Scams Targeting Seniors

It happens every spring and summer. As the mercury rises the number of scams aimed at seniors goes up too. For a variety of reasons ranging from difficulty hearing to being part of a generation raised to be polite and respectful, our elderly loved ones are often the target of scams and fraud. Caregivers in Connecticut and across the country should be aware of three of the most common types of fraud against the elderly as identified by the FBI:

Guard the Card. Many of the scams perpetuated against the elderly begin by gaining access to one of their card numbers. It may be a credit card, a social security card, a driver’s license number or even a Medicare/health insurance card. This makes them vulnerable to identity theft and health care fraud. Criminals use the card number to apply for credit cards, car loans and even cell phone accounts.

If they gain access to a health insurance card they often partner with a less scrupulous provider who bills their Medicare or health insurance card for services and prescriptions they never received. Help your aging loved one by finding a safe and secure place to store their cards.

You’ve Won a Free Car! Fake sweepstakes are one of the most popular ways the elderly fall victim to fraud. According to the Society of Certified Senior Advisors, our seniors lose $35 million a year trying to claim fake prizes. The senior may receive a very official looking check in the mail – often by special delivery – that tells them they won a large amount of money or a free car. When they cash the check they are required to send the “sweepstakes” company a check to cover “taxes”.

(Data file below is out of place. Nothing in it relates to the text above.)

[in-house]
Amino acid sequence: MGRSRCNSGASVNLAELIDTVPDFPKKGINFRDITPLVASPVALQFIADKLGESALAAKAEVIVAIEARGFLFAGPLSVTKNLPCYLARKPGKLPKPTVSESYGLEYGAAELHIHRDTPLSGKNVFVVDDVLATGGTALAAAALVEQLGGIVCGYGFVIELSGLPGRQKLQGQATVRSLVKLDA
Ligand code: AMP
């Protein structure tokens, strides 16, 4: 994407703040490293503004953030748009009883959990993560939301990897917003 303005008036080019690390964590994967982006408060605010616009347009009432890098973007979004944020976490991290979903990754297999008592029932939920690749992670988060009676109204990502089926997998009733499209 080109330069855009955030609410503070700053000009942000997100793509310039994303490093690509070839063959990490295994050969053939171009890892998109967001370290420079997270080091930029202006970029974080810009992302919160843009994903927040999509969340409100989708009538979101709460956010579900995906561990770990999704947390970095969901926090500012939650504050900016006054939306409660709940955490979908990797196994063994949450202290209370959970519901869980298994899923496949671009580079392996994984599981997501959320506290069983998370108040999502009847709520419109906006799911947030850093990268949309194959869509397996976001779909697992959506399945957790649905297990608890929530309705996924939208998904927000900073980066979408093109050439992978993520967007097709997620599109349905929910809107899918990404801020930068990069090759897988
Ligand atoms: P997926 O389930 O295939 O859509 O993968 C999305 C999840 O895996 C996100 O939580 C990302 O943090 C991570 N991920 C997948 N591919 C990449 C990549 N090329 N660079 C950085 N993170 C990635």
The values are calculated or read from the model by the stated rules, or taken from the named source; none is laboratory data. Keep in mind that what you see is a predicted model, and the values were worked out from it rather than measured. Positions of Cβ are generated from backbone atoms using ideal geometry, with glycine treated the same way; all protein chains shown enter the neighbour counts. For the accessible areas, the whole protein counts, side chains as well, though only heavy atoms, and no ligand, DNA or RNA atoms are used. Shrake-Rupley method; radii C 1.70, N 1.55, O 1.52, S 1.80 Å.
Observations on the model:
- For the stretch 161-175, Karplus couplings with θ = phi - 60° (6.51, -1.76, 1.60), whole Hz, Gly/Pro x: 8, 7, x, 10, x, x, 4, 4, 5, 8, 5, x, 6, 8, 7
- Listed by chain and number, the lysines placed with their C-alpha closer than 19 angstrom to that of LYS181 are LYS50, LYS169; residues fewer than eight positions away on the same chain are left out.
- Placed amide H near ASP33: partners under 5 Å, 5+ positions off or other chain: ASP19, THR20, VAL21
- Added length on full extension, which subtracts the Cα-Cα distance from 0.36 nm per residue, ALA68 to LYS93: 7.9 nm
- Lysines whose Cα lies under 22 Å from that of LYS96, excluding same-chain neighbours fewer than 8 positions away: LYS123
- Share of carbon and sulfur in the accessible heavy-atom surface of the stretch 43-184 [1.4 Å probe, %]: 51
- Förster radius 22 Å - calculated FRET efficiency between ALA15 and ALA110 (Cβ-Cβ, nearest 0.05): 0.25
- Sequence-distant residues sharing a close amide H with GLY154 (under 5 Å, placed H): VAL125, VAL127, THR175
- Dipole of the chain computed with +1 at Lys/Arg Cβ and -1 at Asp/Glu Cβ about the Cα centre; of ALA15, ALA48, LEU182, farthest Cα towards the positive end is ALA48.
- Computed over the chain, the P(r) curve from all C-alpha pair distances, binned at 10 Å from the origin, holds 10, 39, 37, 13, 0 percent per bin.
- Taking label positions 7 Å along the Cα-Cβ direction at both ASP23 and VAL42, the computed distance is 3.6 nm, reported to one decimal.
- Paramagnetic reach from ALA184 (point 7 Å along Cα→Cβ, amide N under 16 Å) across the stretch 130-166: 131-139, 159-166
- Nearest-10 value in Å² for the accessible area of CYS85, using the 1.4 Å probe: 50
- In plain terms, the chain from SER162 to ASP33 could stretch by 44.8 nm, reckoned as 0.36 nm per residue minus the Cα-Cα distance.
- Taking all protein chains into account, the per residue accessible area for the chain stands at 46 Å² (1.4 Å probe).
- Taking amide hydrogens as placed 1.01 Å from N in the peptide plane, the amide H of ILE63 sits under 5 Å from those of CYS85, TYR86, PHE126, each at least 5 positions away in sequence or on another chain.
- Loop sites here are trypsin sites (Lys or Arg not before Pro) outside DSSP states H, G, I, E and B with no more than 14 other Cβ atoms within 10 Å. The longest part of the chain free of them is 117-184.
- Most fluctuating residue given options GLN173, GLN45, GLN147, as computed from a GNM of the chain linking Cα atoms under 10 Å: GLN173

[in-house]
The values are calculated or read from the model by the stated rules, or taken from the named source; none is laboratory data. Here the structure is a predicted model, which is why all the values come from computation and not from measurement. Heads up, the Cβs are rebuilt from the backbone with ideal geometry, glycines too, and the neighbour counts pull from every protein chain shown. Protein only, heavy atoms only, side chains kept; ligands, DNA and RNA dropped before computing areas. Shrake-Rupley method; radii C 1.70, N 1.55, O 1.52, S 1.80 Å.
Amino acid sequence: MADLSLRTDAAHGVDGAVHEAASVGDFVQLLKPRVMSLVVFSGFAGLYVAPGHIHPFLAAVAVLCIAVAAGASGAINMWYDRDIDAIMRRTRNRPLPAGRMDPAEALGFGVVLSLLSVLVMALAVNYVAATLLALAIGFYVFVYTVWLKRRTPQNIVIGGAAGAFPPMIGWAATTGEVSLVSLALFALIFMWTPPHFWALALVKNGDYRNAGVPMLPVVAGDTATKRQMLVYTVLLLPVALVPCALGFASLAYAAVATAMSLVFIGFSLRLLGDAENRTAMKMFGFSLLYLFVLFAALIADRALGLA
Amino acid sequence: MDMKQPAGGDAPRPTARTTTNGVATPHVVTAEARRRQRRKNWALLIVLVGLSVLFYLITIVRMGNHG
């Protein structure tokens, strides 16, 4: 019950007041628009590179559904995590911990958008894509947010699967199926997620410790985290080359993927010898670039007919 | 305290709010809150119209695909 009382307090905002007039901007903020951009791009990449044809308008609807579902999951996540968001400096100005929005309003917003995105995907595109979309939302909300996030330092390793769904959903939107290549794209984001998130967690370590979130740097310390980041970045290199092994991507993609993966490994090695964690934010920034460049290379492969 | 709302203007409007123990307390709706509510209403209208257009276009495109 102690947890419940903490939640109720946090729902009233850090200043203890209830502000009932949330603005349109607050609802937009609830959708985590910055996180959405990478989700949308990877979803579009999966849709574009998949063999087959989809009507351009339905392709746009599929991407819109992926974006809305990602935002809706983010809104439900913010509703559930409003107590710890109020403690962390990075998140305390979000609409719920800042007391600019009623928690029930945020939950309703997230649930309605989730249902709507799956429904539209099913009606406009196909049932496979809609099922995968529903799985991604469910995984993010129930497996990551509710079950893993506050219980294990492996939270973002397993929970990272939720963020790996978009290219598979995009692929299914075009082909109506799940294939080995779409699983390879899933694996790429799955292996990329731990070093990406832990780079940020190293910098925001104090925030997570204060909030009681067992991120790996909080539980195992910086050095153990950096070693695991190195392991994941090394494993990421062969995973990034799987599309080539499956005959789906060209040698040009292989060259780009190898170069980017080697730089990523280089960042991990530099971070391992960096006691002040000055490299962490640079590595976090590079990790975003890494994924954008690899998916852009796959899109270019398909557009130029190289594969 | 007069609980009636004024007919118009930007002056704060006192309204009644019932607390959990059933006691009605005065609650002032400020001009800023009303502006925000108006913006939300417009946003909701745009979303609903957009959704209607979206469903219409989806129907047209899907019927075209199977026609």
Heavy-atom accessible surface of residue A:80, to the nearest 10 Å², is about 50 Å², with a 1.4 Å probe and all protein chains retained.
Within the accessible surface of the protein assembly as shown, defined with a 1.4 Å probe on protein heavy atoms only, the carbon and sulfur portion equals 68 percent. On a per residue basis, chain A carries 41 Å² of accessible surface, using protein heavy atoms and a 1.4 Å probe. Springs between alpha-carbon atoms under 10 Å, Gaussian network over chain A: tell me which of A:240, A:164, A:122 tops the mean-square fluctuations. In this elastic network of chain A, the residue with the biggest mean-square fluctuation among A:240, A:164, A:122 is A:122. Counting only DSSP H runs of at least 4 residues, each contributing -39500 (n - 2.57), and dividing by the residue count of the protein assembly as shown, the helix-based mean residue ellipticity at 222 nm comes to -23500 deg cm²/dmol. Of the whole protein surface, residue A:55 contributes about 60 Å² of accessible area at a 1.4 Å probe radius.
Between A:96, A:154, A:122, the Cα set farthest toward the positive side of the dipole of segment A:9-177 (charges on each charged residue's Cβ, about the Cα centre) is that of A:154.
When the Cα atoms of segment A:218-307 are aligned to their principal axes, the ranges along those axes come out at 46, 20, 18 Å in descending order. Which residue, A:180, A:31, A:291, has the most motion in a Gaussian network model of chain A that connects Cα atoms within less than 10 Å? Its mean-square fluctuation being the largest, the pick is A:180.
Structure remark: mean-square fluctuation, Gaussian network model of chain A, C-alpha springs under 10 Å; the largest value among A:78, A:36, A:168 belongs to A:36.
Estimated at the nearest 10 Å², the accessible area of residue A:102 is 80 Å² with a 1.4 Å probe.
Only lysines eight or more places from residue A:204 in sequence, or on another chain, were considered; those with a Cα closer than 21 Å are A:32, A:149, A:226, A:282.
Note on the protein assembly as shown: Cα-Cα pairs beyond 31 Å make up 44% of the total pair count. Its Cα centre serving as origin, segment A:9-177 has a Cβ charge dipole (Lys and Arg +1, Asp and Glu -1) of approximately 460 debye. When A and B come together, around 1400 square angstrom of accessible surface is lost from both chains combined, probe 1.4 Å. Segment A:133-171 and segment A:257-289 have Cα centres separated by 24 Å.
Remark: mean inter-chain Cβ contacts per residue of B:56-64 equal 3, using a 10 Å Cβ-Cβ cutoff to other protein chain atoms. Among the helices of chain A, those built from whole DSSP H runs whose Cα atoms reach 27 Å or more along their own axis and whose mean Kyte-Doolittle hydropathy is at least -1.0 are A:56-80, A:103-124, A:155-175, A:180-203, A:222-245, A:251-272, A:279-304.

Within a few weeks the senior will learn the check was no good and they are out the money they sent the scammer. Sweepstakes phone calls are also popular with scammers. They try to convince seniors to pay the “taxes” for the prize over the phone with a credit card. Remind the elder you care for that they can’t win a sweepstakes they never entered and that legitimate sweepstakes don’t ask for money to claim a prize.

Fake Charities. Older adults have often lost loved ones to cancer or heart disease or another health condition. Or they may have a soft spot in their heart for children with autism if a grandchild suffers from it. These kind of scenarios make them especially vulnerable to fake charities who may call them asking for donations. Some scammers are even bold enough to claim to be collecting donations for the local fire department or police benevolent fund.

Regardless of the circumstances, it is never a good idea to donate by credit card to a charity who calls you on the phone. Fundraising experts recommend evaluating the charity using at least two different review sites. Charity Navigator  and the charity pages of the Better Business Bureau site  are two caregivers can help seniors use to research the organization.

If you suspect an elderly loved one has been the victim of fraud or a scam, the FBI encourages you to contact local authorities or your local field office of the FBI to report it. For Connecticut elders, the contact is the field office in New Haven.

Has your loved one been a victim of fraud or a scam? How did you first learn about it?